I am going to credit both James Clear and the authors, Gary Keller and Jay Papasa, of the best selling book The One Thing, for explaining the 66 day rule. Gretchen Rubin, author of the Happiness Project also came across the same research and used the 66 day rule in her writing. Their explanations are similar.
If you want to create a new good habit (bad habits can be formed in two days) start small, track your progress, and if you miss a day, don’t worry. Missing one day does not break the momentum. Get back on the program and just keep at it. Habits are about manageable tasks, setting goals, doing it every day, and documenting the your actions.
And sometimes we miss a day, and that is okay. Why do people fall off their habit forming momentum? They change their daily lifestyle. Going on vacation is a good example. Or the task becomes complex. Or it becomes time consuming. If any of this happens, you just look at what you are doing and re-evaluate. If your daily task takes up too much time, trim it back a bit. If it gets too complex, simplify it. Go back to actions that were manageable and stick to that. Just because a habit becomes difficult does mean it has to be ditched, you just look at what has worked and you do that.
James Clear is big on setting your goal, starting with a small task that has small actions you can add to it each day. Continue with this pattern until you reach your goal and you have created a habit forming activity. You know it is a habit when you can’t finish your day without doing the action. It could take 65 days, it could take 67 days. The fact is you are working towards the habit focusing on completing the task each day.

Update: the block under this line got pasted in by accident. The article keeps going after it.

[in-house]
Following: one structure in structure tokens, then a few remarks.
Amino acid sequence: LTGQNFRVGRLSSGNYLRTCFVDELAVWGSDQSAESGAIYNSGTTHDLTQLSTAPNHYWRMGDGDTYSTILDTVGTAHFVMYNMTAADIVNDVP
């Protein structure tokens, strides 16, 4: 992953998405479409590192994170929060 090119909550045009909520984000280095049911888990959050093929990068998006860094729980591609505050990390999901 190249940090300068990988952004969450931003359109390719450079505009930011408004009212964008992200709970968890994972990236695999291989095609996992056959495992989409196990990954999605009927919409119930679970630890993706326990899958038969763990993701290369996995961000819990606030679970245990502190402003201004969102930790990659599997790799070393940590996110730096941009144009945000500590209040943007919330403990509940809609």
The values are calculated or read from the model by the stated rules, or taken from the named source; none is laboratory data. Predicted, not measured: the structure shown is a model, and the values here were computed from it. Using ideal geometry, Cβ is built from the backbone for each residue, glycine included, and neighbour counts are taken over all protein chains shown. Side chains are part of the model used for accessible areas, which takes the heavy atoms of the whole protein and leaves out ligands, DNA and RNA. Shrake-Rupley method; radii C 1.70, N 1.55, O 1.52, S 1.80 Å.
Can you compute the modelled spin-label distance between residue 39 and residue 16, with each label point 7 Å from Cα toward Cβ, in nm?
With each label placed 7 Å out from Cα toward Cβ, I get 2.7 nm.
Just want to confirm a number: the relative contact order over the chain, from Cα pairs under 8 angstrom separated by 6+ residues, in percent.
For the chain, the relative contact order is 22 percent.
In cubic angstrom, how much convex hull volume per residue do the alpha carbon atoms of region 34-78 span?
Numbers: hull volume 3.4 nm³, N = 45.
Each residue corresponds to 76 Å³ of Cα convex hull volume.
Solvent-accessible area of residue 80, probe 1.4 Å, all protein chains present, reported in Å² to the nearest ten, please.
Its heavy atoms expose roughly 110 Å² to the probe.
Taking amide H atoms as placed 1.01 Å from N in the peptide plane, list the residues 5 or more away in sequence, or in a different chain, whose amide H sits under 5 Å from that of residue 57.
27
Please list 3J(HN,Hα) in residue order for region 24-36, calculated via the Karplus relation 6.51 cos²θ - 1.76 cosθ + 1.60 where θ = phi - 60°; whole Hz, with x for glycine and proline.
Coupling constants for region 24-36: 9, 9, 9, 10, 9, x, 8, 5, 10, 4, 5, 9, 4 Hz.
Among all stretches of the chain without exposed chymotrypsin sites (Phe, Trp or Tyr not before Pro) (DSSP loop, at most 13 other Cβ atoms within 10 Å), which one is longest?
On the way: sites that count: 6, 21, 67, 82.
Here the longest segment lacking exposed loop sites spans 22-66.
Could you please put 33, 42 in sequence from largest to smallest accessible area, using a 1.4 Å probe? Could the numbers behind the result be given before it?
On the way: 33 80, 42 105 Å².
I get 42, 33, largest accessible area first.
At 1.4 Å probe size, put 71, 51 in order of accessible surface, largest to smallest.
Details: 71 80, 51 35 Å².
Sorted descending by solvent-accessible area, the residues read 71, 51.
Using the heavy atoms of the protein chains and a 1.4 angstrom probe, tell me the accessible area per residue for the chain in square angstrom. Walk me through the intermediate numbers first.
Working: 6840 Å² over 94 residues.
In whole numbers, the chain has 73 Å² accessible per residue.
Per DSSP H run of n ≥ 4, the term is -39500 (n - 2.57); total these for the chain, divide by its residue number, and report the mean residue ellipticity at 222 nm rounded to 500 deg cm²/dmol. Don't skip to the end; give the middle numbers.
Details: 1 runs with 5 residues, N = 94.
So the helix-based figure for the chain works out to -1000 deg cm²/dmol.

Schedule One Week of Gives at a Time – We have created giving sheets for this very purpose. Download your giving sheet in your membership area and create one week of gives.
Start Small – A give is a give and does not need to be huge to count. In fact, to start a giving habit it is best to start small. Start with Click to Give options on the Greater Good site for 7 days. This can be done right from your computer or phone.
Make Small Changes Each Week – Challenge yourself a bit every week. If you started with Click To Give the first week, start looking at daily gives that you do publicly. Smile at people, open doors for others, pay a compliment to someone you know, or someone you don’t know. Send a text of gratitude to a friend, or family member.
If You Miss A Day – Don’t Fret – Nic and I missed a day. Everyone will miss a day. If you miss a day, notice how you feel (perhaps a bit less happier that day) and just pick up the next day. It is okay. Give yourself permission for being busy that one day.
Document Your Daily Giving – We built our Impact Map for members. Submitting your daily give to the Impact Map is a great way to document your daily gives and from that daily give habit. When all members submit their gives we all see what a global difference we can make through one simple give every day. Now that is inspiration!
Soon you will be giving every day, feeling happy every day and just instinctively giving to others when the opportunity arises. We are hard wired already to give, we just have to act on it. Within no time 66 days will pass, than another 66 days will pass, and all of a sudden, you will reach the 365 days like Nic and I did. And another 365 days, and so on and so on.
What these authors do not talk about is the ripple effect of your daily habits. When others witness your progress and see how easy it is, how great you feel, and what a difference it made in your life, they will follow along. Good habits shine and others will want to follow your lead.
Get inspired by other members gives listed on our impact map or daily giving log. Sign up for your free membership to start your daily giving habit using all of our resources to get you started. You can even sign up for daily giving inspiration to get that habit going.